Toward Theological Evolution
August 12, 2005
The passionately contested scientific critique of Darwinian evolution called "Intelligent Design" is hotter than ever. Yet in this controversy, with its profound moral and spiritual implications, the Jewish community has remained curiously abstracted and irrelevant.
Our irrelevance stands out when you consider how many Christians, from President Bush to Cardinal Christoph Schonborn, have weighed in on the intellectual issue itself or on the more practical question of whether American public school students should be familiarized with Darwinism's serious shortcomings. But it's not just in comparison to Christians that Jewish silence on Intelligent Design is so notable. It is also a departure from our own tradition of engagement with scientific and theological questions of just this kind.
Intelligent Design, as most readers must be aware, is not creationism. It fully accepts that what we know of the earth's great antiquity and of the interrelationship of species can't be squared with a literal reading of the Genesis creation account. Rather, it asks probing questions about whether natural selection operating on chance genetic variation can explain the development of complex life, questions as yet not convincingly answered by Darwin's modern champions.
The fight over Intelligent Design is on the cover of this week's Time magazine, and the rest of the media is full of the subject. Nowhere, though, have I seen a Jewish contribution to the discussion that could be held up alongside last month's Op-Ed essay in The New York Times by Schonborn, the archbishop of Vienna and an influential Roman Catholic theologian. He cogently sets forth his church's reasons for affirming design in nature. Where, I wonder, are the scholars of Yeshiva University, Orthodoxy's flagship educational institution that was founded to make Torah confront the issues raised by modernity? On Intelligent Design, Y.U. is so far AWOL.
When I say that Jewish abstraction from the debate betrays our heritage, I have Maimonides in mind. His "The Guide of the Perplexed," completed in 1190, was addressed to Torah scholars, fully committed to Judaism and fully conversant with science, who wanted to understand how our tradition could be reconciled with the scholarship of the day, notably Aristotelian cosmology.
A hefty chunk of the book is devoted to eviscerating what Maimonides considered to be the vacuous theological science then being taught by Muslim scholars. He held this "science" in as high regard as today's Intelligent Design theoreticians and Darwinists alike hold creationism. This was all by way of clearing the table for a critique of Aristotle's theory of the world's origins — or rather, its nonorigins.
In Aristotle's view, physical matter is eternal, without a beginning, thus obviating the need for a creator in the biblical sense who produced the universe from nothingness. Maimonides gave his reasons for refusing to jettison the belief in a biblical creator. This refusal was not, he said, because Judaism imposes a fundamentalist obligation to read Scripture literally. It doesn't.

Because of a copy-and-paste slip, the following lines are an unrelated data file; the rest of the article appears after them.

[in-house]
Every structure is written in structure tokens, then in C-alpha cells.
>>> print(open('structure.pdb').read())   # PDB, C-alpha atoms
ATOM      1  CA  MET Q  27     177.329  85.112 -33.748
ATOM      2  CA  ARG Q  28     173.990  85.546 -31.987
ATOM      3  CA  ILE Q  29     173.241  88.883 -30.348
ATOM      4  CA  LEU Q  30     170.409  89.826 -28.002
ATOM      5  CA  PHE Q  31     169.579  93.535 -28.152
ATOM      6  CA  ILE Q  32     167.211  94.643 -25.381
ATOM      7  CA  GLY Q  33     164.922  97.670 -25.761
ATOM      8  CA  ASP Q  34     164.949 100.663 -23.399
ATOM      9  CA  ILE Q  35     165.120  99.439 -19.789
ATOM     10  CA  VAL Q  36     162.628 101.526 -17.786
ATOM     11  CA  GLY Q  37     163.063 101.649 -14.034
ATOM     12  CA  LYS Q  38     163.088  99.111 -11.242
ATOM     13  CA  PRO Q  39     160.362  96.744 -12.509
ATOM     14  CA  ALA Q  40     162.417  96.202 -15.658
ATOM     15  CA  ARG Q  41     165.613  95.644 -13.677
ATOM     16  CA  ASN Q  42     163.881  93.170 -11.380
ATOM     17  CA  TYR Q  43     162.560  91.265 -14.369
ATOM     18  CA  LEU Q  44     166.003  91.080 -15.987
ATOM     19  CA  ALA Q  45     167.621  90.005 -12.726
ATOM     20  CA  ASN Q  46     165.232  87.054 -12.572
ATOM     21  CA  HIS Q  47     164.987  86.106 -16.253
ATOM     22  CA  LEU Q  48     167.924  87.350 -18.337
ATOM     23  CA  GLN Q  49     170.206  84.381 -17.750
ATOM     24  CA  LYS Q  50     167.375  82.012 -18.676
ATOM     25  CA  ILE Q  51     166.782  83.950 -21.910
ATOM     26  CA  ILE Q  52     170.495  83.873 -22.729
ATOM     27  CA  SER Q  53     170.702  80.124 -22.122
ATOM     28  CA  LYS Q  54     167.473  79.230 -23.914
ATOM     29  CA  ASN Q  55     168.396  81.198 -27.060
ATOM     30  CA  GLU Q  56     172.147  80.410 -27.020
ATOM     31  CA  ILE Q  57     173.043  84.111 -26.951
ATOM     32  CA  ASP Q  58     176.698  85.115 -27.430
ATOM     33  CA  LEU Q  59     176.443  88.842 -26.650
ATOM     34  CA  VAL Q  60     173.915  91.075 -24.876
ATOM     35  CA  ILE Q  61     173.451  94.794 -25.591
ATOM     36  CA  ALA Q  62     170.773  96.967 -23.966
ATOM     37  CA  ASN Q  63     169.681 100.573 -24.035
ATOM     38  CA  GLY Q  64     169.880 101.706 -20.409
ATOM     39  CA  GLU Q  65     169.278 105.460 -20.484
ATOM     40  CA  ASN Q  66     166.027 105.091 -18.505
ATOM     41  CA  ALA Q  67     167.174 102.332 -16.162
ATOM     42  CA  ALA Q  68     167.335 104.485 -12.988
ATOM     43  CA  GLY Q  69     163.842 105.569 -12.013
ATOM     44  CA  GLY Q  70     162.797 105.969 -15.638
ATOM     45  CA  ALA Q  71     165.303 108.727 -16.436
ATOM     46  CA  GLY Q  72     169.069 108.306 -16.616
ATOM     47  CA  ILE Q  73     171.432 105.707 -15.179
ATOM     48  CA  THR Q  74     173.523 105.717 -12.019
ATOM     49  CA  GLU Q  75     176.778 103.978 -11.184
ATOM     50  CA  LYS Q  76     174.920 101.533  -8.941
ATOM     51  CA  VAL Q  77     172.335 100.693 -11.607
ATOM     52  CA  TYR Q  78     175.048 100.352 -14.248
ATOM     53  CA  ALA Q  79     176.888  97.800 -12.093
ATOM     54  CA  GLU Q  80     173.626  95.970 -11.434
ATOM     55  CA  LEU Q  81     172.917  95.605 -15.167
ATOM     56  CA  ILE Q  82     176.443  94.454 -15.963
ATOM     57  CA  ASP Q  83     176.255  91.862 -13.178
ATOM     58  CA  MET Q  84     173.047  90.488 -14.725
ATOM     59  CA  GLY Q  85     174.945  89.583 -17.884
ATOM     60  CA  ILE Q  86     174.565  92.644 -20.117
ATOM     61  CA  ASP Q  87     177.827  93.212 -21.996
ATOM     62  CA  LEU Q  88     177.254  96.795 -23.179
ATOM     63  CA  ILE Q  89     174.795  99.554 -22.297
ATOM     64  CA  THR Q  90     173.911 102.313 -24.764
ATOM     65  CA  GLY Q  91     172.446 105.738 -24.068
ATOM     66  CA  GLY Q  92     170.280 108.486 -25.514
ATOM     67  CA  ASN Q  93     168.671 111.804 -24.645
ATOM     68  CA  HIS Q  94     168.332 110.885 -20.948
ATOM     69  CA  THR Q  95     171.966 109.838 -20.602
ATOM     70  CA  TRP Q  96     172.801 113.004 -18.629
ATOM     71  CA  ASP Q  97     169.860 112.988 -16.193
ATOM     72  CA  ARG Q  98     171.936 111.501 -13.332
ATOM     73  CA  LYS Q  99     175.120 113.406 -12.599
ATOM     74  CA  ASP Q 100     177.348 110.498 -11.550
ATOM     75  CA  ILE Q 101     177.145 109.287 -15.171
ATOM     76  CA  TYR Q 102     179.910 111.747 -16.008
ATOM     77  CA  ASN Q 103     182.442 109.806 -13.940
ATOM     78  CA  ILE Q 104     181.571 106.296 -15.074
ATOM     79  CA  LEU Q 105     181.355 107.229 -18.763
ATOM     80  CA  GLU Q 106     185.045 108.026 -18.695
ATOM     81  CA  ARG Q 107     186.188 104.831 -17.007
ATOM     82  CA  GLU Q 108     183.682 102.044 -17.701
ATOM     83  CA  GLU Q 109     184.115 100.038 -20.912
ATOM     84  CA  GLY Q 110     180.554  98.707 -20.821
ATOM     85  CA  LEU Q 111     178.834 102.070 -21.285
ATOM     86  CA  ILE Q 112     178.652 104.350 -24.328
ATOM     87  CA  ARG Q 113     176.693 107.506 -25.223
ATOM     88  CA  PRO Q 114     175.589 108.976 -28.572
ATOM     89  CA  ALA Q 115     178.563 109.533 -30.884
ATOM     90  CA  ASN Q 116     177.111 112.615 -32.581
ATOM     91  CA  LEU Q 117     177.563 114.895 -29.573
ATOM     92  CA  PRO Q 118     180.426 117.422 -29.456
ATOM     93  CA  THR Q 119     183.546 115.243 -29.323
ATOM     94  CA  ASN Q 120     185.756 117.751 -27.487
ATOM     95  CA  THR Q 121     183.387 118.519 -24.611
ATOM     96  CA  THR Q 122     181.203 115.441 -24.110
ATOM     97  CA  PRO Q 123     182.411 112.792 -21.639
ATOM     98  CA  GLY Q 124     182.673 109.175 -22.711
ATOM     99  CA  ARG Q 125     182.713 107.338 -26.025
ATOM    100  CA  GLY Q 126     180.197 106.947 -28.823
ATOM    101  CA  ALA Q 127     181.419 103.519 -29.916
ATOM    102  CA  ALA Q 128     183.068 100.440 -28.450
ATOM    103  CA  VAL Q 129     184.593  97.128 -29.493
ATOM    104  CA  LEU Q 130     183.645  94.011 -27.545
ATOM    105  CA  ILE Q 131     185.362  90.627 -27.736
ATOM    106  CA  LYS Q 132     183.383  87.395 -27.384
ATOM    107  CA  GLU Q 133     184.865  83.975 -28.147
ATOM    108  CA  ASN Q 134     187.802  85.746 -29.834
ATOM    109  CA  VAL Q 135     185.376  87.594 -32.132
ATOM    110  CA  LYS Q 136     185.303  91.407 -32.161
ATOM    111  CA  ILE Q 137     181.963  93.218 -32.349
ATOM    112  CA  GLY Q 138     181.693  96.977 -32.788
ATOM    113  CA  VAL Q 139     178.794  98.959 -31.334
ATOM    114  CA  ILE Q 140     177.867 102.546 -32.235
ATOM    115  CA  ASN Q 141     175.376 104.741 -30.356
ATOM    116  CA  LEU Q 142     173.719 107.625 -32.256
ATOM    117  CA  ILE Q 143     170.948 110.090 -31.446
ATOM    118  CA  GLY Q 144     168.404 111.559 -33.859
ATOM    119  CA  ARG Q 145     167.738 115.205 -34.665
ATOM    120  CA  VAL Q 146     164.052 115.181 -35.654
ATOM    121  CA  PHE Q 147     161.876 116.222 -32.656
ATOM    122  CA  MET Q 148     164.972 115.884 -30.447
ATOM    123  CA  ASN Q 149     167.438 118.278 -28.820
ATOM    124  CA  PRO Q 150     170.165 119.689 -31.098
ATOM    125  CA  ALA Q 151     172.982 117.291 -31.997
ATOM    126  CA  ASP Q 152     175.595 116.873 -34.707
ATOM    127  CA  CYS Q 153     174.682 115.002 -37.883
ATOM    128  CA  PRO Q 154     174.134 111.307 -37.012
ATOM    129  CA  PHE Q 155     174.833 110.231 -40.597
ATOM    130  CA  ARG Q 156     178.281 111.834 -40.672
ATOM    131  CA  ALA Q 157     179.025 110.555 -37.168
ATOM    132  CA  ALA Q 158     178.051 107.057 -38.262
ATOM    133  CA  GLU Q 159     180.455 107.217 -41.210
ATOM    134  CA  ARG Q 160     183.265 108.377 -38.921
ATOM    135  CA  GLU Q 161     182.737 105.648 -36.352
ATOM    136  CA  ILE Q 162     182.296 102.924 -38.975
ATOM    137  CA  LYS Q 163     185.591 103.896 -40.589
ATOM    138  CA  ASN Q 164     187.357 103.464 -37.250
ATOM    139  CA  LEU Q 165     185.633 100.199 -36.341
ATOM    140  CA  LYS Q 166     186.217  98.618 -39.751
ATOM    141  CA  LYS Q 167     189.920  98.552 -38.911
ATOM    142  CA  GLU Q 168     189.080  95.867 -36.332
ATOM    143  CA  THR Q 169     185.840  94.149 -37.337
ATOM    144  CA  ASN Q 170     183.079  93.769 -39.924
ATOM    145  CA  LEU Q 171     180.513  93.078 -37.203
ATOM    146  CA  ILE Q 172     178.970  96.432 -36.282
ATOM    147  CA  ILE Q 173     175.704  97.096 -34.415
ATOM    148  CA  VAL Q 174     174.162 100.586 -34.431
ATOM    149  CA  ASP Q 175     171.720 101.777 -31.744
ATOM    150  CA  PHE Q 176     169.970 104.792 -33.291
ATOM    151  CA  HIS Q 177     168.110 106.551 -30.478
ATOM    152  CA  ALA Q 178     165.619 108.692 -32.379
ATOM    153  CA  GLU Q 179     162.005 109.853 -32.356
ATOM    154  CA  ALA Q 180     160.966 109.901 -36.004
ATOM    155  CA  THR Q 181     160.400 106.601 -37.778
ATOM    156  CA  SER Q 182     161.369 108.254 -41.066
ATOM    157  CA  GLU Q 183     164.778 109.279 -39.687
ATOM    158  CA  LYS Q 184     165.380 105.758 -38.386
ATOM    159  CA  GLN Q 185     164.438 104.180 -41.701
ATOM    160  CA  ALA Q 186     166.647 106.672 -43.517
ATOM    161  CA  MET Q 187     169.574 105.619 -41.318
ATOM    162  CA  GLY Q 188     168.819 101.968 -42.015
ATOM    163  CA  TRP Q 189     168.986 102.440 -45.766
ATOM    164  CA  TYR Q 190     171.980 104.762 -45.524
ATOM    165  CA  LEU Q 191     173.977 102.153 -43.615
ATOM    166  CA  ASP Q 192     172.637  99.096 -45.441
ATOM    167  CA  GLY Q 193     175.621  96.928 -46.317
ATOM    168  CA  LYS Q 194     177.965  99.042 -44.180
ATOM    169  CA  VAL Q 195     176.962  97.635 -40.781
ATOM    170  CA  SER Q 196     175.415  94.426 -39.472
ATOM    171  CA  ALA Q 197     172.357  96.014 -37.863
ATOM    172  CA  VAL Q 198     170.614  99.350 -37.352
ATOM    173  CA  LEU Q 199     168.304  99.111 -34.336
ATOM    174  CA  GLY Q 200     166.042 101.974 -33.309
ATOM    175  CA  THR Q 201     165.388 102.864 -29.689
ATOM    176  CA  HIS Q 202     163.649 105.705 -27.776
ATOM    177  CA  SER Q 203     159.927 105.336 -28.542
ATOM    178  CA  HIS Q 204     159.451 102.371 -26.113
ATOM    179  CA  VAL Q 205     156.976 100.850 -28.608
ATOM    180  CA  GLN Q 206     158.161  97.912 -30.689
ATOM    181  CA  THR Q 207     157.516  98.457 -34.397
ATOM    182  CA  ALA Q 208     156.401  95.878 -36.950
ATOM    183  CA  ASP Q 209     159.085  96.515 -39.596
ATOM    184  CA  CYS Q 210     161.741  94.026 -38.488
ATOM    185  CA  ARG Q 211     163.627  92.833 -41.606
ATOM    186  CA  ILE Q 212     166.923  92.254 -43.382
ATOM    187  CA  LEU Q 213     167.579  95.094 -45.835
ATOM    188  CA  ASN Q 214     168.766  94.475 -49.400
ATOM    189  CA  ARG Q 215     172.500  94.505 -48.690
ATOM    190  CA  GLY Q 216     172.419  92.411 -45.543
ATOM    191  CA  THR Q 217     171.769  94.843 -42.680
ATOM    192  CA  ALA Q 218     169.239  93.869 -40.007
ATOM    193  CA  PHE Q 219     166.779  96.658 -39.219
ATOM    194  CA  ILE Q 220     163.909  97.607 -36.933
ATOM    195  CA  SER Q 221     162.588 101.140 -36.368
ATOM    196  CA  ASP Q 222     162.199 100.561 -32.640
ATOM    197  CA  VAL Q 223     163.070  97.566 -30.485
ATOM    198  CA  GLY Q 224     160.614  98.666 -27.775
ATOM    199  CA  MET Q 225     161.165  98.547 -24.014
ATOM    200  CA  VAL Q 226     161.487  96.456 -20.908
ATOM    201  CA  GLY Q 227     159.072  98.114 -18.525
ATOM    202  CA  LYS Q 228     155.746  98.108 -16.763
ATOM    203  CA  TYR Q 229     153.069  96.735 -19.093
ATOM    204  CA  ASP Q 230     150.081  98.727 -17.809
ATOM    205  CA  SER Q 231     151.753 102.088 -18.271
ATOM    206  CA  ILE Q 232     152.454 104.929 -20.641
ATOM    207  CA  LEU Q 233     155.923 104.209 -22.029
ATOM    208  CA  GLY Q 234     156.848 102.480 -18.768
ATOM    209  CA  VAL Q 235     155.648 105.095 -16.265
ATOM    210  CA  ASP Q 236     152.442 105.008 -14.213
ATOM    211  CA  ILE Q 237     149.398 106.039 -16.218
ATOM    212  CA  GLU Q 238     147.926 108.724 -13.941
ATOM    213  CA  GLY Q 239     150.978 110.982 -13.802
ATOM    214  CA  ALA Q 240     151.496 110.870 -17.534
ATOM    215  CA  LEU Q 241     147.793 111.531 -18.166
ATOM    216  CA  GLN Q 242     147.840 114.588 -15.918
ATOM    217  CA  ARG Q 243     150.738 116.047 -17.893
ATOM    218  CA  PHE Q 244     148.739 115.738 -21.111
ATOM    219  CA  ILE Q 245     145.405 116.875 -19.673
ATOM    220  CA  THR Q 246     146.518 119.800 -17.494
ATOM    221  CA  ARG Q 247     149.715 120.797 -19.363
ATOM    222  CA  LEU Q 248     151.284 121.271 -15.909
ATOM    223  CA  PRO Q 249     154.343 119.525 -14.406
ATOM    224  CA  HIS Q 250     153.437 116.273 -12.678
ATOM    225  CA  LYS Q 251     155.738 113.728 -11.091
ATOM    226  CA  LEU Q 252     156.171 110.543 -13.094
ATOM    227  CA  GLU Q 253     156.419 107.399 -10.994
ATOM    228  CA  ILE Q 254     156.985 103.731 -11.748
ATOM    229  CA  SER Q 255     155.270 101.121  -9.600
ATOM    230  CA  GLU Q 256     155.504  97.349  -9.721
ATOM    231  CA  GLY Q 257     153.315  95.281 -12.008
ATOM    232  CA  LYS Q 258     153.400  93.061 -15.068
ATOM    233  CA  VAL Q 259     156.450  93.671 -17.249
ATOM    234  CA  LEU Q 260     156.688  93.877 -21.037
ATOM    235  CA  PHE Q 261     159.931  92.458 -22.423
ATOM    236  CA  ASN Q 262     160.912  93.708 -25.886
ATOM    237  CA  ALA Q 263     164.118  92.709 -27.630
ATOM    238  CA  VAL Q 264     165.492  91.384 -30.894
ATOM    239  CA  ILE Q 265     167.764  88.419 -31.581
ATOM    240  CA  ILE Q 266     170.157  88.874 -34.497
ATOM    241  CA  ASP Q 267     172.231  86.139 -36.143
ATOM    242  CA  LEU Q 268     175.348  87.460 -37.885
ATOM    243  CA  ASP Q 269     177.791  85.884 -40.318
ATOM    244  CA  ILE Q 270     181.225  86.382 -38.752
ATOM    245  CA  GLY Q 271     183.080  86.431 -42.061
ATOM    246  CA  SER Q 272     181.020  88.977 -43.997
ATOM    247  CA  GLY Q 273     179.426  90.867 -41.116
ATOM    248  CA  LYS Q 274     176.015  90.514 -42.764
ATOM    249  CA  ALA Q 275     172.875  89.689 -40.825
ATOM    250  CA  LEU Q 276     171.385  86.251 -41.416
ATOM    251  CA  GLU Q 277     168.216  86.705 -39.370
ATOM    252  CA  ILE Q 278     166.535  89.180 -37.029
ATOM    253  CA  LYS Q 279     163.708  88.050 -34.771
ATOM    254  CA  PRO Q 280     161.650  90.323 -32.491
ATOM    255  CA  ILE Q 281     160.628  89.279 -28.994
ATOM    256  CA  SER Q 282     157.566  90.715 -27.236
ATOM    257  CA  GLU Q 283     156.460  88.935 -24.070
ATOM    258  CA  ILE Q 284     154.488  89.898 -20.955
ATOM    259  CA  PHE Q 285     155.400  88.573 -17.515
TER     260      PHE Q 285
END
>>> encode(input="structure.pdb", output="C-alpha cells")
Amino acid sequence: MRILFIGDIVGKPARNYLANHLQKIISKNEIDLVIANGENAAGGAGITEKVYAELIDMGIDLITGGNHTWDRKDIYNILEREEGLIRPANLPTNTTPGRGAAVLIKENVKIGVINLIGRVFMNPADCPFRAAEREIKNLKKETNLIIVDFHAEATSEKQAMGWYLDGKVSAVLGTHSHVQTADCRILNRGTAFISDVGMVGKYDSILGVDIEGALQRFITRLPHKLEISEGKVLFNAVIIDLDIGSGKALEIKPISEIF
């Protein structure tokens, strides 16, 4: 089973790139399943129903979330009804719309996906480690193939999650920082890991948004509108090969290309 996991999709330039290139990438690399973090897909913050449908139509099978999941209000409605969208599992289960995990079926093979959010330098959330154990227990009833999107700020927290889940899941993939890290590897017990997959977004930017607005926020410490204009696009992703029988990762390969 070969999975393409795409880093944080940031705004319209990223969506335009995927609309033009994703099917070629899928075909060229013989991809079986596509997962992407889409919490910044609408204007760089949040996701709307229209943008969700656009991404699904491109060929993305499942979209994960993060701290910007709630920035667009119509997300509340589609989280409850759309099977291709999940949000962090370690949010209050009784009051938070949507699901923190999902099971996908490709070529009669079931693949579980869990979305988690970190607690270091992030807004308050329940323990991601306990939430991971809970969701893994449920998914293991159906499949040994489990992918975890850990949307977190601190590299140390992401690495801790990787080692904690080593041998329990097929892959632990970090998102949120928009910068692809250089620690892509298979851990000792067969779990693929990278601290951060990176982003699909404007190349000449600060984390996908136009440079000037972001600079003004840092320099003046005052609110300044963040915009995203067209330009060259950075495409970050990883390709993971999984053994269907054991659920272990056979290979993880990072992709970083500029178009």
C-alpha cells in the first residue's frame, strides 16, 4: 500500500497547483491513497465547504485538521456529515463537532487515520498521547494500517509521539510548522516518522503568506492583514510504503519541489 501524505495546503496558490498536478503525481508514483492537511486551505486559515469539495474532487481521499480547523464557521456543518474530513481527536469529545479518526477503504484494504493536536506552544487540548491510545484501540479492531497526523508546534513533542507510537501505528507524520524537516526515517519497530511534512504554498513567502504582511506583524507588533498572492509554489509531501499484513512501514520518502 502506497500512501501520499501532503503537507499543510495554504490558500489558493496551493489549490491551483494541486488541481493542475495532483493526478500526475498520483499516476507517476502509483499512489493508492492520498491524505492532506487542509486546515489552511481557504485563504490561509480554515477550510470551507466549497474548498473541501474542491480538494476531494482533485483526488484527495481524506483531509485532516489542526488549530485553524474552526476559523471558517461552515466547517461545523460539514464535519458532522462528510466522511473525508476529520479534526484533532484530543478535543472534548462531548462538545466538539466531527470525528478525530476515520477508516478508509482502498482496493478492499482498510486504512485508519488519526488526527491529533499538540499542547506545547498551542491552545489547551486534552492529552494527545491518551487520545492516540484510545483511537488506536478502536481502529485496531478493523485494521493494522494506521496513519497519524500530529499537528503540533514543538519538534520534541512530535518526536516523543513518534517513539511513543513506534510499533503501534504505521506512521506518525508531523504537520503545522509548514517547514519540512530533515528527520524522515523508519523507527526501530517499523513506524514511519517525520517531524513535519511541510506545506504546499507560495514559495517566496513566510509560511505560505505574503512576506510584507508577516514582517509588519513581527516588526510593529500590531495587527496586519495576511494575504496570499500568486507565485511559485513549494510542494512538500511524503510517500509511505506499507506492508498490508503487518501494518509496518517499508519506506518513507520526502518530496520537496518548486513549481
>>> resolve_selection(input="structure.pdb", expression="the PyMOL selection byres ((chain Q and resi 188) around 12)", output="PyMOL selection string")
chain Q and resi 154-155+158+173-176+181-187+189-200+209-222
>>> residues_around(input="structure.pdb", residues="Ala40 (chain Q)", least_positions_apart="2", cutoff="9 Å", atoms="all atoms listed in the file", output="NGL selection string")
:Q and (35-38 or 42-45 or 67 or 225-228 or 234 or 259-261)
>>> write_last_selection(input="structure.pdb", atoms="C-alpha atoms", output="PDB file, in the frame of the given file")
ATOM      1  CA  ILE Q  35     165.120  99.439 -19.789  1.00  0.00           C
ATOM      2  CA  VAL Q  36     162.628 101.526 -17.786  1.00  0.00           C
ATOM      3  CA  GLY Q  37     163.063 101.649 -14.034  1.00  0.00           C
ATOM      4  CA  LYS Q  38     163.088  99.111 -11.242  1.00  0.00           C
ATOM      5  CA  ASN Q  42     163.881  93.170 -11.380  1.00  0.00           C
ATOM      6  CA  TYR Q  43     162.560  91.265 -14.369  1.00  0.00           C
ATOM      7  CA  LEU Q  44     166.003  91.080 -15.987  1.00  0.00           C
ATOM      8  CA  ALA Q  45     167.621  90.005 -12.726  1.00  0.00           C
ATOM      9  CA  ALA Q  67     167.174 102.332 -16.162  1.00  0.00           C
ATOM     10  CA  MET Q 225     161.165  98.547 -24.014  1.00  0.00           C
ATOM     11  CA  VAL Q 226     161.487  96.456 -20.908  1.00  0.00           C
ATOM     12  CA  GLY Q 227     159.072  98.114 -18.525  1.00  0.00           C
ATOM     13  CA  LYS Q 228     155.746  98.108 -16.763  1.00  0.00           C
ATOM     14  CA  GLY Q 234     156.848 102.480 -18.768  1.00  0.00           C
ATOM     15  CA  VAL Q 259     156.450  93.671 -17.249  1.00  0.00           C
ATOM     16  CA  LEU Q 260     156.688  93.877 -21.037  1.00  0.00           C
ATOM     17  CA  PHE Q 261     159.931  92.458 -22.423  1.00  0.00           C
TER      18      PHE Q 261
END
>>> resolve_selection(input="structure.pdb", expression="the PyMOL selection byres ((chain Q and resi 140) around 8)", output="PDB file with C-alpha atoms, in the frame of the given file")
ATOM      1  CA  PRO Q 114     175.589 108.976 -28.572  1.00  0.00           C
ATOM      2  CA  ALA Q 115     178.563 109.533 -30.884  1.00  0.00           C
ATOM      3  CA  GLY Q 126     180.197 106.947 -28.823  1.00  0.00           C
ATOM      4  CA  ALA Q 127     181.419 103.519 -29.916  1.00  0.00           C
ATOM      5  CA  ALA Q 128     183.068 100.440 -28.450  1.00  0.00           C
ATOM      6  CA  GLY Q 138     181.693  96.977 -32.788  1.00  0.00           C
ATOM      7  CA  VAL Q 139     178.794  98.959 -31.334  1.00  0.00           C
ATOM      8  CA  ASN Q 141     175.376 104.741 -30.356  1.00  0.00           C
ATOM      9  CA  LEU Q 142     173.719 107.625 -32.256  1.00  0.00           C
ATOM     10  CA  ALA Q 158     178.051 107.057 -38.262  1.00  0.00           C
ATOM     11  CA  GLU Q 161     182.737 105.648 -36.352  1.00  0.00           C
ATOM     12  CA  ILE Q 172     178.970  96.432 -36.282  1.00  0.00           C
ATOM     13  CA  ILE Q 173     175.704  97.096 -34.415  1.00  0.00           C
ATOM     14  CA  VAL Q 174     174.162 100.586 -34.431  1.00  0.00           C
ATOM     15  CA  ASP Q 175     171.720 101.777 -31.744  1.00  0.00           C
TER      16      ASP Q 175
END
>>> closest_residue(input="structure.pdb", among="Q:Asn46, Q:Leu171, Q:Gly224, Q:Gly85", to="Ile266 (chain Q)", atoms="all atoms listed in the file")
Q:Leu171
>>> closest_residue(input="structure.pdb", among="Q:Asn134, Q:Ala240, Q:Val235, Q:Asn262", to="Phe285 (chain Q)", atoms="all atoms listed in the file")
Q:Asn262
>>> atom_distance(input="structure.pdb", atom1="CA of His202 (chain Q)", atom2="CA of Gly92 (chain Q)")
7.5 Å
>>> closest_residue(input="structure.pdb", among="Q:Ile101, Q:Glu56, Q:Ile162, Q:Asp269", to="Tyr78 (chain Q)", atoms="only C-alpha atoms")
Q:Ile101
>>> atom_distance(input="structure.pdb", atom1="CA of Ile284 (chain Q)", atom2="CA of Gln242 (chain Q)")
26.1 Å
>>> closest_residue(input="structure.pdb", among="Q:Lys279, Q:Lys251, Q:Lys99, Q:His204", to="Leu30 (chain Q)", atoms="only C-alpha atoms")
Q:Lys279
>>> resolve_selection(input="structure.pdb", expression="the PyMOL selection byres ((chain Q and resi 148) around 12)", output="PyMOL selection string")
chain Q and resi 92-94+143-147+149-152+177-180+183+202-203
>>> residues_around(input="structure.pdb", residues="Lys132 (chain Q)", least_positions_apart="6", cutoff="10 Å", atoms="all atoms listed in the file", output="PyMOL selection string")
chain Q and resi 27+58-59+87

Rather, he upheld the doctrine of a divine creator and designer for two reasons. First, because Aristotle's teaching "has not been demonstrated," as Maimonides argued in great detail. On this, of course, he turned out to be right. Secular science took more than 700 years to catch up, but now all agree that in the beginning there was a Big Bang.
And second, Maimonides retained the concept of a created universe because without it, a religion of commandments is rendered nonsensical. He wrote, "The belief in eternity the way Aristotle sees it... destroys the Torah in its principle, necessarily gives the lie to every miracle, and reduces to inanity all the hopes and threats that the Torah held out." If the eternity of the university could be proved, then "the Torah as a whole would become void, and a shift to other opinions would take place. I have thus explained to you that everything is bound up with this problem."
Darwinian evolution, whose purpose from the start was to show that no creator or designer was necessary for the development of life, remains undemonstrated. This is the conclusion of Intelligent Design's expert advocates — biologists, chemists and paleontologists — a minority in those sciences but a learned one, daring to challenge those among their colleagues who, like professors in other fields, fiercely defend the sources of secular academic prestige.
Yet the Intelligent Design question might remain merely an academic one were it not for the fact that Darwinism — with its reliance on random genetic variation as the root source of complex life — would render Judaism, or Christianity, void as surely as Aristotle's eternal universe threatened to do. In his 1871 book "The Descent of Man," Charles Darwin himself spelled out the ramifications of his idea.
Without a designer, our moral precepts are simply the product of natural selection. As Darwin explained, we could have evolved differently. If we had done so, then our ideas even about fundamental ethical issues such as murder might be unrecognizable. "We may, therefore," Darwin wrote, turning to another moral question, "reject the belief... that the abhorrence of incest is due to our possessing a special God-implanted conscience." In Darwinism, there can be no moral absolutes.
Everything, as Maimonides said in a different but related context, is bound up with this problem. America's moral future is being debated and we Jews remain untouched, barely aware. Our failure to engage the issue in a serious way is one of the sadder observations you can make about Jewish intellectual and religious culture today.
David Klinghoffer is author of "Why the Jews Rejected Jesus: The Turning Point in Western History" (Doubleday).
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